The above obviously applies to traditional two-man operation.

    I remember once I was waiting for a different train than was currently in the platform, both trains being late-running, probably due to the WCML upgrades that were in progress at the time. A boarding passenger had failed to close one of the doors properly, so the Guard hurried towards it. Since I happened to be much closer, I closed it for him, after which he returned to his own door and gave the departure signal – with the baton. That probably saved almost a minute, which would otherwise have further delayed both that train and my own.

  6. By way of contrast, in Finland the driver is responsible for the doors as well as the train movements. The conductor gives a signal on the internal buzzer once departure time is reached and the doors are free of boarding passengers, and the driver then closes the doors.

    Because the platforms are almost all perfectly straight, the driver can safely watch for trapped objects or people using a simple rear-view mirror, which on mainline trains (not the metro) folds against the bodyside when in motion.

    This leaves the conductor free to sell tickets and keep order, and prevents delays caused by the conductor being unable to reach a door operation panel upon arrival. This latter situation is unfortunately frequently seen on crowded trains in Britain, when (as on the Sprinter and Pacer families) the panel is beside a passenger door.

  7. A trains doors SHOULD NOT BE CLOSED “a minute before departure”
    This is fraud & deception.
    If you are going to start the train a minute earlier, then the Timetable should say so!

    Meanwhile, I have noted a new variant on the baton, used at Stratford (London), & possibly elsewhere.
    These batons now contain a small LED-array & a 4 or 3-position switch, so that, when held up, it can show:
    No light
    Whilte light – “Ready, CD”
    Green light – “RA”
    Red light – STOP

    Very neat – a great improvement.

    1. Greg – the problem is that for the train to depart on time, you have to start the sequence of events in advance of departure time, so that the train can leave with all doors closed and locked at the appointed time. This is why passengers are ADVISED that they should be on the train a minute before departure – platform staff are NOT allowed to hold the train (except in VERY exceptional circumstances) but there’s always the option of boarding via the door the Guard is using right up to the waving of the white side of the baton.

      1. It’s a reasonable point of view, although I might not express it so strongly. It results from a difference in point of view between passengers and the Operating Department, combined with the nontrivial amount of time it takes to transition a train from “all doors open” to “moving”. On the most modern trains, this is tens of seconds occupied by the hustle alarm and the artificially slow movement of the doors, both of which are disability accommodation measures.

        Passengers expect that they can arrive at the station at the advertised departure time and get on the train – especially if they have a reserved seat and a ticket limited to that specific train. To arrive on the platform at 19:59:45 for a 20:00 train and be refused entry by the train and platform staff, leaving them with a paid-for ticket that is now worthless, is probably where Greg’s problem lies.

        The purpose of departing on time is chiefly to enable arriving on time – and incidentally to allow other trains with conflicting movements to arrive on time as well. Passengers also legitimately expect to be able to get off the train at their destination at the advertised time. Both departure and arrival times are advertised in the Public Timetable.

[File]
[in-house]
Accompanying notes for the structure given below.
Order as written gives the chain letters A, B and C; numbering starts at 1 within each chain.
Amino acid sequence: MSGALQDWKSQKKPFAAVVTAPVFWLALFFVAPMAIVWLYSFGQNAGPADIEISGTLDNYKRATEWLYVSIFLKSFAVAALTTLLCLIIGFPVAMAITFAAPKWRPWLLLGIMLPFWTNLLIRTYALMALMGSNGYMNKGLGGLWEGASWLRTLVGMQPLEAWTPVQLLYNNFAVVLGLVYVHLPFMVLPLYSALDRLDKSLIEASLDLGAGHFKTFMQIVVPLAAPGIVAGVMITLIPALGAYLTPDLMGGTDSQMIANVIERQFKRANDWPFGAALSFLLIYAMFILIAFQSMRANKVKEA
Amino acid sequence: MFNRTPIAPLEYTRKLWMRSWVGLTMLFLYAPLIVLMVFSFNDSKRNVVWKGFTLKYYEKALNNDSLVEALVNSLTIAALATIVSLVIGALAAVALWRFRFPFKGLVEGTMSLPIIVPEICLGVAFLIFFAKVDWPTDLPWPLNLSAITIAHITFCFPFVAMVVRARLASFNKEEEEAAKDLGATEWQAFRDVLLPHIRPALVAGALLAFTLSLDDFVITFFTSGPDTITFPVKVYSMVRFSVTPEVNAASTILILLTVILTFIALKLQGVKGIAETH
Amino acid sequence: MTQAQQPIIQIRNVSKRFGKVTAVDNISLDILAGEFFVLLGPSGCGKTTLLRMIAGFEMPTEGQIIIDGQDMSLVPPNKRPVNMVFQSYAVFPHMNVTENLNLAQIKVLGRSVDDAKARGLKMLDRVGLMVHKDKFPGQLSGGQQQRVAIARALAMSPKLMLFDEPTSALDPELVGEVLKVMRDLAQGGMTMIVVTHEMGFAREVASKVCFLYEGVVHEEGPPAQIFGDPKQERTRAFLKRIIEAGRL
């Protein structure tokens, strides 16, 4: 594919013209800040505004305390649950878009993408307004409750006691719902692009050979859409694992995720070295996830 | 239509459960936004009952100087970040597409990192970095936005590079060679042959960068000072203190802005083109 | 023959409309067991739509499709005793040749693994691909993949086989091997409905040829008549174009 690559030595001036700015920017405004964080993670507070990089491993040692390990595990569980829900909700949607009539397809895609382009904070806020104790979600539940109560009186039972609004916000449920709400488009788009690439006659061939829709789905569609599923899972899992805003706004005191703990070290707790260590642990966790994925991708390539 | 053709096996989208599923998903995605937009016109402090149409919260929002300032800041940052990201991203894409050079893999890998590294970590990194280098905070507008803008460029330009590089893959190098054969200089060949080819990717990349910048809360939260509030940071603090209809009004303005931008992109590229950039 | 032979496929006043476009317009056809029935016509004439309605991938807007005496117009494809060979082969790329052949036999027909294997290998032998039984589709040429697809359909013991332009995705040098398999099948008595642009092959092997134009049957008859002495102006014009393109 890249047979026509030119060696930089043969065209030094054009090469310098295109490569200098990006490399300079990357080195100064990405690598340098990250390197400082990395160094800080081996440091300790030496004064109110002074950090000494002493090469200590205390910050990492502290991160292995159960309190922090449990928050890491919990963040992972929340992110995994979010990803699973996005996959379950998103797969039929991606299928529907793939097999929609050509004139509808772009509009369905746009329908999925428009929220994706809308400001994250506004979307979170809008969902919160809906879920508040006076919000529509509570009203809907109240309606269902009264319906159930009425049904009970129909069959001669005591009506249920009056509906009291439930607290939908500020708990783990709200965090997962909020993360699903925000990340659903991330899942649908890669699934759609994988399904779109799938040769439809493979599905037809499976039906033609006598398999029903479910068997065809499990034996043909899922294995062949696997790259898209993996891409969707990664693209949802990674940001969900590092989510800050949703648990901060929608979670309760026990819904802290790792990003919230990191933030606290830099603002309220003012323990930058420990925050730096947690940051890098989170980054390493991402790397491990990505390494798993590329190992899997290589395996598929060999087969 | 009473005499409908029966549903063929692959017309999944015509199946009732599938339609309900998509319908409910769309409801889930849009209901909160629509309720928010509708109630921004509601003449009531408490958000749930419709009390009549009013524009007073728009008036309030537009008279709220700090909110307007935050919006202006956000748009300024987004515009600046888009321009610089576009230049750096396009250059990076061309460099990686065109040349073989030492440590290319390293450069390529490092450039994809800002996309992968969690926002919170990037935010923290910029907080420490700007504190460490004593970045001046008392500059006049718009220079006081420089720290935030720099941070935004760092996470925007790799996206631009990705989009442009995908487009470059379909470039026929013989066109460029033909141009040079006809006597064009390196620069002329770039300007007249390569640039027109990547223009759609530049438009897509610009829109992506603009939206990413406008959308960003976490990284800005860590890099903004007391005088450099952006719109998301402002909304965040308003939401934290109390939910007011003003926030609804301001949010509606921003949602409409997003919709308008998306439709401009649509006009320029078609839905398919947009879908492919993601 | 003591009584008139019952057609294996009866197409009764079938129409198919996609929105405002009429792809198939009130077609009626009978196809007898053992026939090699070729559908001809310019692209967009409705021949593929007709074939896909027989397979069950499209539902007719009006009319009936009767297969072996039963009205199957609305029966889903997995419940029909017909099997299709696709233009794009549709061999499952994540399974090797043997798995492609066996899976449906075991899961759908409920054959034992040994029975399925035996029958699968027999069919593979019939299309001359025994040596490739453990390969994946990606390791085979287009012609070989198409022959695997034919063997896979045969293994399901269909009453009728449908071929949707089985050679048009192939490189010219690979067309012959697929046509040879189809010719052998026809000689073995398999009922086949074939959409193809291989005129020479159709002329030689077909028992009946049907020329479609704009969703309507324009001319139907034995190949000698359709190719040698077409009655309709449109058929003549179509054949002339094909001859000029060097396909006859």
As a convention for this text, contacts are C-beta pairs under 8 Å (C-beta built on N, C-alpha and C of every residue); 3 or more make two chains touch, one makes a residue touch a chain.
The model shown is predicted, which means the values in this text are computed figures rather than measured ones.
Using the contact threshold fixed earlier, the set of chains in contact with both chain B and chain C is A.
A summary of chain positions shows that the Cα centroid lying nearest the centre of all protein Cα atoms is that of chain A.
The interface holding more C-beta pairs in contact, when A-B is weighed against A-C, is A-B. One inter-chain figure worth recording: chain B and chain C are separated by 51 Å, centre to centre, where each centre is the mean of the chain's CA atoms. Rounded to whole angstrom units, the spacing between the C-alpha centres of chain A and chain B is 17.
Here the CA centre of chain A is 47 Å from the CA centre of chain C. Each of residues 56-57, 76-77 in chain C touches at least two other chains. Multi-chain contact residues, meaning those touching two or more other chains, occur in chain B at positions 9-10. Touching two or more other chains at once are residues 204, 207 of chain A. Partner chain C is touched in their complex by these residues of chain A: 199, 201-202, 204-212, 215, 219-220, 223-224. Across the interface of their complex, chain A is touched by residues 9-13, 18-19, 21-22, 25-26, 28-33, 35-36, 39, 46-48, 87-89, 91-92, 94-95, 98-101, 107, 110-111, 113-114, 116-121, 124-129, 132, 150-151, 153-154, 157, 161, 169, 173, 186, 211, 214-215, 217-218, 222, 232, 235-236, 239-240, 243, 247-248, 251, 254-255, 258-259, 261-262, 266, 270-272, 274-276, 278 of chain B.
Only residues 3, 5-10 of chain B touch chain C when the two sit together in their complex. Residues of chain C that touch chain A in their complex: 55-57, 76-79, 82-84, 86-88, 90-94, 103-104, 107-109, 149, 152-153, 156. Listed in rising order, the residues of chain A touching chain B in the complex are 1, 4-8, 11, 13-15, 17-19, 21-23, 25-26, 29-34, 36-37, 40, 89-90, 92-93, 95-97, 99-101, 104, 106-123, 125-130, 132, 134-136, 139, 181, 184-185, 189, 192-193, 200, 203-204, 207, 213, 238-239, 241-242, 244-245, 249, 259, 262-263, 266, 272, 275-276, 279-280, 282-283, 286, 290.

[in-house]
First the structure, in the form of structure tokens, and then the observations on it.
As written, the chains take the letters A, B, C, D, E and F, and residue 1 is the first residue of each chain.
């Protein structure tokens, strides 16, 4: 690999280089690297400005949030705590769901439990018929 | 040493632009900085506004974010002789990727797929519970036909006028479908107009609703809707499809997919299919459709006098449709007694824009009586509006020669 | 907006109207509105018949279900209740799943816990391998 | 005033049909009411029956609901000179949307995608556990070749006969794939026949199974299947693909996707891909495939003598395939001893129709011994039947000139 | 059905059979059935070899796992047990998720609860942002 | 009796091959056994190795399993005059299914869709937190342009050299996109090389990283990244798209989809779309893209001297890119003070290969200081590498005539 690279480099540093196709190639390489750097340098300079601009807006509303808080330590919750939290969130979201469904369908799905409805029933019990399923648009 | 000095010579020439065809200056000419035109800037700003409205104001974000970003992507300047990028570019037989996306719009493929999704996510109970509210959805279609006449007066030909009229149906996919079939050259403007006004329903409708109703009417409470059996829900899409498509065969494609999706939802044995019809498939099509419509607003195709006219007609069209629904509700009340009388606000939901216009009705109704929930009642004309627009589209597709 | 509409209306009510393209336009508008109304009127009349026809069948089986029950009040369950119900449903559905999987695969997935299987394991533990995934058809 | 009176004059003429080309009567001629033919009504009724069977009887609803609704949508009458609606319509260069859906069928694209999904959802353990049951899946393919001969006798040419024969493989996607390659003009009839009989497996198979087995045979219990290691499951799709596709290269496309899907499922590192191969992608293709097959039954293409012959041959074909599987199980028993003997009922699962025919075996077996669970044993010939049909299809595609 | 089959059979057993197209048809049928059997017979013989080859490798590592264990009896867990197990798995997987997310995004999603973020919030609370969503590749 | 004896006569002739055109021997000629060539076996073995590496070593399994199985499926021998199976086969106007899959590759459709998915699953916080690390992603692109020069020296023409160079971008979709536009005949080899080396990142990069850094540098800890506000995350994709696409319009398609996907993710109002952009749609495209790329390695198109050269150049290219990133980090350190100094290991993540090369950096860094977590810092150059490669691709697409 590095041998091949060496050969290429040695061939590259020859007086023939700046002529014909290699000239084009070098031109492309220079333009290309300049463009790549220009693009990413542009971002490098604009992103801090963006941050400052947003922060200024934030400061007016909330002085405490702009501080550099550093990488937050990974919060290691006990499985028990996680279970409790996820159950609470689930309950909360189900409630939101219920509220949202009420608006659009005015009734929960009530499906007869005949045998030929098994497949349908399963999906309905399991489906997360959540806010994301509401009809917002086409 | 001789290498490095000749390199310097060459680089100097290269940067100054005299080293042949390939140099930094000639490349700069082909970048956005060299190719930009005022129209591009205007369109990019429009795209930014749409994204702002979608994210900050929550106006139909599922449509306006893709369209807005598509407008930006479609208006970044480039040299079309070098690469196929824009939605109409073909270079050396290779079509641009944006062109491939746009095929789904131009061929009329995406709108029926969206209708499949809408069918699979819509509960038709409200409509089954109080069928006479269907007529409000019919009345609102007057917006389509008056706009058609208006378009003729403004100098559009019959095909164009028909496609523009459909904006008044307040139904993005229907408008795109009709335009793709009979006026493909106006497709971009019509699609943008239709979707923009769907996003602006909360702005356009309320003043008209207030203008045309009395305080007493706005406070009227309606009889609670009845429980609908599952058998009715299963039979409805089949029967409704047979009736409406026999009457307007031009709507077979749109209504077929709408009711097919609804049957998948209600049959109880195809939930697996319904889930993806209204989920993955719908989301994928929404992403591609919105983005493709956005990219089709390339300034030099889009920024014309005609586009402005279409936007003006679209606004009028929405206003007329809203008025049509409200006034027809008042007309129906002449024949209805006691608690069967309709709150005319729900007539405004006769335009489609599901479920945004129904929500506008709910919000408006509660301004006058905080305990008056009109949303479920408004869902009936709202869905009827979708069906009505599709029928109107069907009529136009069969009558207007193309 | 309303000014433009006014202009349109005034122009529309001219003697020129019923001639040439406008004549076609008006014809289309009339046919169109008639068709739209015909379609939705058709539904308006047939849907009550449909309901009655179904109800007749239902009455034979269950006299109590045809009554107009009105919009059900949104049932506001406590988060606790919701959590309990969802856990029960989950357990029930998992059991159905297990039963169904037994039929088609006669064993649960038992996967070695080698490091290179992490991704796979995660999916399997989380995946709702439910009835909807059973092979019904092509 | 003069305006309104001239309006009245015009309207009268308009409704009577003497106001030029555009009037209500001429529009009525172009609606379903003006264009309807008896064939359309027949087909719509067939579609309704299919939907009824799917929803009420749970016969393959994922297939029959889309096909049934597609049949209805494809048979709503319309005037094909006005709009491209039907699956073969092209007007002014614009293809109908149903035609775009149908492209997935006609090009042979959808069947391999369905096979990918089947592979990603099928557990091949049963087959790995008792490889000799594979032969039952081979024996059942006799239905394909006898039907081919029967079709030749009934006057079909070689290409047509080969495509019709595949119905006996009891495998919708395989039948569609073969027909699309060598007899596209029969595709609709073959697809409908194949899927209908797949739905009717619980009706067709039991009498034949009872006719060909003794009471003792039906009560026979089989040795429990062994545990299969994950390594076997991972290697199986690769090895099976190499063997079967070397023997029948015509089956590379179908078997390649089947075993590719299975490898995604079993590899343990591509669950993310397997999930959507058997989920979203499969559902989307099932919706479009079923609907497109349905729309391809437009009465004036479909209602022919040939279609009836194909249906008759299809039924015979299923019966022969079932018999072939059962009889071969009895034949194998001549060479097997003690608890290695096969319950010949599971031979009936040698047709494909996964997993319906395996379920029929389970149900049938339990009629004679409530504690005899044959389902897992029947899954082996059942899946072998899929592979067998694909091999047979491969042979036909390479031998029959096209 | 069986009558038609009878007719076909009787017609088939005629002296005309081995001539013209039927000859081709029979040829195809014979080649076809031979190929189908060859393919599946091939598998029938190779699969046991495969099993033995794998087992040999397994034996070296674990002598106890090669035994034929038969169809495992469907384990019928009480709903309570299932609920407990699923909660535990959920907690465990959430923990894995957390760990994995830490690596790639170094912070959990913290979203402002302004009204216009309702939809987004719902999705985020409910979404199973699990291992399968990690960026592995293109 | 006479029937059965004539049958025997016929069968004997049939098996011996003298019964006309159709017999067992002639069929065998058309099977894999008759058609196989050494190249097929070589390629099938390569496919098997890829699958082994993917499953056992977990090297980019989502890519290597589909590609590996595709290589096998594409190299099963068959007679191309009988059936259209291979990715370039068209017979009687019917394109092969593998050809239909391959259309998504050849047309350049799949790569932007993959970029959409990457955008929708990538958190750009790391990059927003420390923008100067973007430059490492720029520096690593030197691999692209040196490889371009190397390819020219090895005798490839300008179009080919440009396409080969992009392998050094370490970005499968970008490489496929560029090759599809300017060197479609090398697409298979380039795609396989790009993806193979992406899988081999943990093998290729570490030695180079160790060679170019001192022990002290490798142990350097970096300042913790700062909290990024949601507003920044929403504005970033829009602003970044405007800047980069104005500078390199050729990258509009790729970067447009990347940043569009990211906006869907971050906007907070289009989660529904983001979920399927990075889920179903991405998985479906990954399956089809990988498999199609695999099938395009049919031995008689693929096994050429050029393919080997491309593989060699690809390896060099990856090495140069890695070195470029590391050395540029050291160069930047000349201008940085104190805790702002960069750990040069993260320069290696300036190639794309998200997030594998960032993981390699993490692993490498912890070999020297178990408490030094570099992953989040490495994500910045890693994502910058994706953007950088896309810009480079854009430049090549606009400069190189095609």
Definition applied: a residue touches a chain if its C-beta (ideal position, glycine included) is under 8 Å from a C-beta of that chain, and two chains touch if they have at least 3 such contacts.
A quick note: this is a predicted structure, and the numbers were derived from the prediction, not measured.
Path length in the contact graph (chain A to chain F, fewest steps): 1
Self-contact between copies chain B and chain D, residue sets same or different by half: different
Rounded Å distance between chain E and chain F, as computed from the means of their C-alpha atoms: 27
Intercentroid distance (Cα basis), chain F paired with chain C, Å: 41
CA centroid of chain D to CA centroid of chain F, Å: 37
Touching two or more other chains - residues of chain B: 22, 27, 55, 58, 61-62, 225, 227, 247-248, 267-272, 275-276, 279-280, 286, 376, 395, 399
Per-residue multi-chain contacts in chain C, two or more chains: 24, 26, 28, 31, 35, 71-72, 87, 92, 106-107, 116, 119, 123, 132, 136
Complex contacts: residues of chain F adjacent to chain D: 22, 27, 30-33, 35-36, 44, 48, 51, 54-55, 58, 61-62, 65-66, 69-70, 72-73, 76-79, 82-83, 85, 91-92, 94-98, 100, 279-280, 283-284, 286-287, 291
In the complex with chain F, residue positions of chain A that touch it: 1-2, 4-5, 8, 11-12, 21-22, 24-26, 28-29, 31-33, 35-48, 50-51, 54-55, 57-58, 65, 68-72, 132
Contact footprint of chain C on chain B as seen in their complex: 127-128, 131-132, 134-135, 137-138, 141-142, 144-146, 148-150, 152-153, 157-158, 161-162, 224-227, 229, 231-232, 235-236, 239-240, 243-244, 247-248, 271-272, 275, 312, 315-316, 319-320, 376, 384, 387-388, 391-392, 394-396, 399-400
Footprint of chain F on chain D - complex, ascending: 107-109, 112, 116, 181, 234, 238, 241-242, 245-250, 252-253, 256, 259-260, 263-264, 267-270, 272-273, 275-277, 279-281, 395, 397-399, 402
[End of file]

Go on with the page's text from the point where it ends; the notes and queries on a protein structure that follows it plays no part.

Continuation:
From the operating department’s point of view, a train arrives on time if it stops in the platform within the minute following the time in the Working Timetable. Likewise, it departs on time if it starts moving (towards a clear signal) at the correct time in the Working Timetable. There is normally a close correspondence between the Working and Public Timetables, except that Working Timetables are written to half-minute precision, and Public Timetables only to the nearest minute.

        Japanese working timetables are written to 5-second precision. Japanese drivers therefore have a much more precise idea of whether they are on time or not at timing points. Japanese trains also appear to favour sliding-pocket doors even in the newest commuter designs, minimising station dwell times compared to the European predilection for sliding plugs. All of this helps to maintain the Japanese railways’ reputation for punctuality.

        It is entirely possible to reconcile the public and official points of view by having the Working Timetable list departure times half a minute after the Public Timetable, and arrival times at least half a minute before. That this is not universally adhered to already leads to much confusion and frustration among passengers.

  8. I could be wrong but I have a feeling that this concept was first used at the preserved East Lancs Railway in the early 1990’s….In December when the Santa Special trains were being run these were formed of up to 10 coaches plus loco and due to the slight curve of the platform at Ramsbottom something was needed to try and make the ‘right away’ more obvious in daylight to the platform staff and the guard who was at the opposite end of the stock. The station master Mr Almond fashioned a piece of wood with a fluorescent circle on the top which would be shown along with a blast on the whistle for the ‘right away’ which was then repeated down the platform to the guard. Initially the fluorescent circle on the ‘baton’ was a shade of pink and it was quickly highlighted that this would need to be changed as it looked like ‘red’ so I think we changed it to a fluorescent green. It was then used for a long time after. I don’t recall these being used on the national network at the time so maybe someone saw this at Ramsbottom and replicated it nationally !

  9. This was my invention when I was working at British rail in the early 1990’s. I was working at Sittingbourne station in Kent at the time and put my idea/invention into the dedicated ideas box for staff to suggest things to improve railway running. I won £100 for the idea and had the paddle created. I was given the very first one to keep!